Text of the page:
The not-so-sweet news about children’s cereal
Monica Watrous View Me on Google+
WASHINGTON — Children’s cereal packs an average of 40% more sugar per serving than adult cereals, according to a new analysis from the Environmental Working Group, a research and advocacy organization.
A study of more than 1,500 ready-to-eat cereals, including 181 marketed for children, found that children’s products were especially prone to extreme sweetening, with the average serving containing as much sugar as three Chips Ahoy! cookies. A daily bowl of children’s cereal amounts to 10 lbs of sugar a year, the group said.
“When you exclude obviously sugar-heavy foods like candy, cookies, ice cream, soft and fruit drinks, breakfast cereals are the single greatest source of added sugars in the diets of children under the age of 8,” said Dawn Undurraga, nutritionist and co-author of the organization’s new report, “Children’s cereals: Sugar by the pound.” “Cereals that pack in as much sugar as junk food should not be considered part of a healthy breakfast or diet. Kids already eat two to three times the amount of sugar experts recommend.”
Ninety-two per cent of cereals in the analysis contain added sugar, with some options including as many as six different types of sweeteners, such as sugar mixed with corn syrup, honey, dextrose or high-fructose corn syrup.
The biggest offenders, according to the report, contain 50% or more sugar by weight. They include: Kellogg’s Honey Smacks (56% sugar by weight), Malt-O-Meal Golden Puffs (56%), Food Lion Sugar Frosted Wheat Puffs (56%), Krasdale Fruity Circles (53%), Safeway Kitchens Silly Circles (53%), Post Golden Crisp (52%), Kellogg’s Apple Jacks with Marshmallows (50%), and Food Club Honey Puffed Wheat (50%).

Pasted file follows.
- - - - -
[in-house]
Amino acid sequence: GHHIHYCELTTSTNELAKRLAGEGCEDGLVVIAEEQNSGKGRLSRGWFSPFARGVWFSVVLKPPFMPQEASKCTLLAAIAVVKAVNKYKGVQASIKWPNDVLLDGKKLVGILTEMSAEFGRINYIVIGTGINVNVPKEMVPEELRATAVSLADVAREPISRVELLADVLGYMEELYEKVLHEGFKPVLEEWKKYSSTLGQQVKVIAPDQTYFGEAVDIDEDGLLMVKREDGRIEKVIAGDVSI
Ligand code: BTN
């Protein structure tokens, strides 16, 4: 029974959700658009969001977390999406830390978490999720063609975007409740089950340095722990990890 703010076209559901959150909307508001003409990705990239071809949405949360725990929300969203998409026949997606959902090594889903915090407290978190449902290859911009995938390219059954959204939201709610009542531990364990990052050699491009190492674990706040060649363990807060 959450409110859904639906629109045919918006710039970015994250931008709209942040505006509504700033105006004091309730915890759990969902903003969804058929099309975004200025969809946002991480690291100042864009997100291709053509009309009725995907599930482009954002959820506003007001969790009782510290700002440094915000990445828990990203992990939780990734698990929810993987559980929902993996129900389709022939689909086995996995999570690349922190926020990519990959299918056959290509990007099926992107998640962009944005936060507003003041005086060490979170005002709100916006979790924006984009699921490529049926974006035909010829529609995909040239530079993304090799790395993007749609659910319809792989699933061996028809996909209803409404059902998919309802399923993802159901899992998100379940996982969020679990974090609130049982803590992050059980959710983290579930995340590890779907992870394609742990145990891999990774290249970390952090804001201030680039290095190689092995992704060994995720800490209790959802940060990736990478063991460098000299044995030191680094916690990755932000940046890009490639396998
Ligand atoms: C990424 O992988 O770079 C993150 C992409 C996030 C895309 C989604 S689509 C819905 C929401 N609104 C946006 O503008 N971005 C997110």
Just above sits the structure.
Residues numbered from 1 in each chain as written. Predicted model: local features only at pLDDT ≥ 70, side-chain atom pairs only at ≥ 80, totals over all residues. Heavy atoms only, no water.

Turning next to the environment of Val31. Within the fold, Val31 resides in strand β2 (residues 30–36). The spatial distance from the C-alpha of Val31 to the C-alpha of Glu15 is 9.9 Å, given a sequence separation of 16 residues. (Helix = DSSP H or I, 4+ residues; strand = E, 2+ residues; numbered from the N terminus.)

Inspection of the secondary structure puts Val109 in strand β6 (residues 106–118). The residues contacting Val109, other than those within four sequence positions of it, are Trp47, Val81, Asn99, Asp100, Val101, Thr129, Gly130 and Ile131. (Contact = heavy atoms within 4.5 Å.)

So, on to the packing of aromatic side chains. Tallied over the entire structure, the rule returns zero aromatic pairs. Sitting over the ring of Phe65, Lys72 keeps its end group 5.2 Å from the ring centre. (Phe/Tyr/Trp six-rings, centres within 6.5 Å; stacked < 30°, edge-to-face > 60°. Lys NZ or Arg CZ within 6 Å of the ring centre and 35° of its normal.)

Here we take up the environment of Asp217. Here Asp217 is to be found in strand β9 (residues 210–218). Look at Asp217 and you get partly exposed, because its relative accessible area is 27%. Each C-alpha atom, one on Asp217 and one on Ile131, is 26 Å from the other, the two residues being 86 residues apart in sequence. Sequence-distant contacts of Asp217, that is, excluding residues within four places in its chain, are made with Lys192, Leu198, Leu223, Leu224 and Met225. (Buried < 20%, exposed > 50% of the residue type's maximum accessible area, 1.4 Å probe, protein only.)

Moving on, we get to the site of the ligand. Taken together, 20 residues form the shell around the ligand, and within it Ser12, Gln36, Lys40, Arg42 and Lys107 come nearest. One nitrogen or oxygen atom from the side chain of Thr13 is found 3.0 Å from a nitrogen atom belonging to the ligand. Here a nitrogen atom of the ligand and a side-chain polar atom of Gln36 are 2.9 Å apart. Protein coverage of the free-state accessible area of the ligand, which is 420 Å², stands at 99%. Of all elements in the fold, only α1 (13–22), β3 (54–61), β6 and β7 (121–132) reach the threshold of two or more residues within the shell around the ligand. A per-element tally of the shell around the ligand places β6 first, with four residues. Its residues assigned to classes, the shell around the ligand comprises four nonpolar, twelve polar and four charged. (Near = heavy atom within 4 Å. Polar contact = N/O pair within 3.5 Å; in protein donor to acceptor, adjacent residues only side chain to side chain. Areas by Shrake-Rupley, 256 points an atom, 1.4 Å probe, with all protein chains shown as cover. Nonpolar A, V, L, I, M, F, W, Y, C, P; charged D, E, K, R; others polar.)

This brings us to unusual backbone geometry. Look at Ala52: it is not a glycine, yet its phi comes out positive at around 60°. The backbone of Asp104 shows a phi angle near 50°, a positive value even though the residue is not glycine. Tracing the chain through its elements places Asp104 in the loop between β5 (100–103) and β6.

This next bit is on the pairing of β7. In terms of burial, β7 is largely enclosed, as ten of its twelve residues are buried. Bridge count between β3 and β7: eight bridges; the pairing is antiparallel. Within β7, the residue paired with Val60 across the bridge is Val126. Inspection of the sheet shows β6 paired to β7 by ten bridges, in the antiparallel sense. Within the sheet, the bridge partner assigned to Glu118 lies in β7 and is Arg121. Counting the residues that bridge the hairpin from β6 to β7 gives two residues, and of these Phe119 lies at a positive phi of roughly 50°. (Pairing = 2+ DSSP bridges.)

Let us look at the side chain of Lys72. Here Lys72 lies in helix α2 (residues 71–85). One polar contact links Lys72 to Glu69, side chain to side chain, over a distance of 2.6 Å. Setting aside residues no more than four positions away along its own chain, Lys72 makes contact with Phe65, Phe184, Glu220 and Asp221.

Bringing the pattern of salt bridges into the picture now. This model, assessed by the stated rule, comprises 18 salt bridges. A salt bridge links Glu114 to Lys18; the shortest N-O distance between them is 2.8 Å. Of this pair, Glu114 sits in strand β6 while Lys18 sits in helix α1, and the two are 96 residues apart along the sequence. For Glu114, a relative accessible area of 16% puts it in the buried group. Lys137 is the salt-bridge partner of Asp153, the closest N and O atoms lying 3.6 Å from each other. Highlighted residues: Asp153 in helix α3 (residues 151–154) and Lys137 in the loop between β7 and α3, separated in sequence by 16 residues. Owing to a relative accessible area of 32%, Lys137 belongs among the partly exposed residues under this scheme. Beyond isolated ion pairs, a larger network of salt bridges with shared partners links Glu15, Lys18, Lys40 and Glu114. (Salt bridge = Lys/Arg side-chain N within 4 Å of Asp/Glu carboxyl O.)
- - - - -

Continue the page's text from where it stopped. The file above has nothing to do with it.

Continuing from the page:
The group reevaluated a sample of 84 popular children’s cereals it had reviewed in 2011 and found the majority still contain an unhealthy amount of sugar, an average of two teaspoons per serving, and one cereal has added even more sugar. None of the 10 most sweetened cereals on the list lowered its sugar content, the report said.
Most of the sugary children’s cereals tout such nutritional attributes as whole grain, fiber, and vitamin and mineral content, leading some parents to believe the products are healthy, the report said.
“Parents read nutrition claims on the side of the cereal box and think they are feeding nutritious food to their kids,” said Renee Sharp, research director for the group. “That’s why the federal government and food manufacturers need to hear from us. We hope the report will empower Americans to use their voices and buying dollars to demand better choices and a limit on how much sugar is added to food products that are marketed as ‘healthy’.”
Only 10 of the 181 children’s cereals met the group’s criteria for low sugar, including Kellogg’s Rice Krispies (3% sugar by weight), General Mills’ Cheerios (4%), Post 123 Sesame Street C is for Cereal (4%), and Kellogg’s Corn Flakes (11%).
To reduce sugar consumption, the Environmental Working Group recommended purchasing cereals with no more than 4 grams of sugar per serving or preparing unsweetened hot cereals and eating fruit or other whole foods with no added sugar.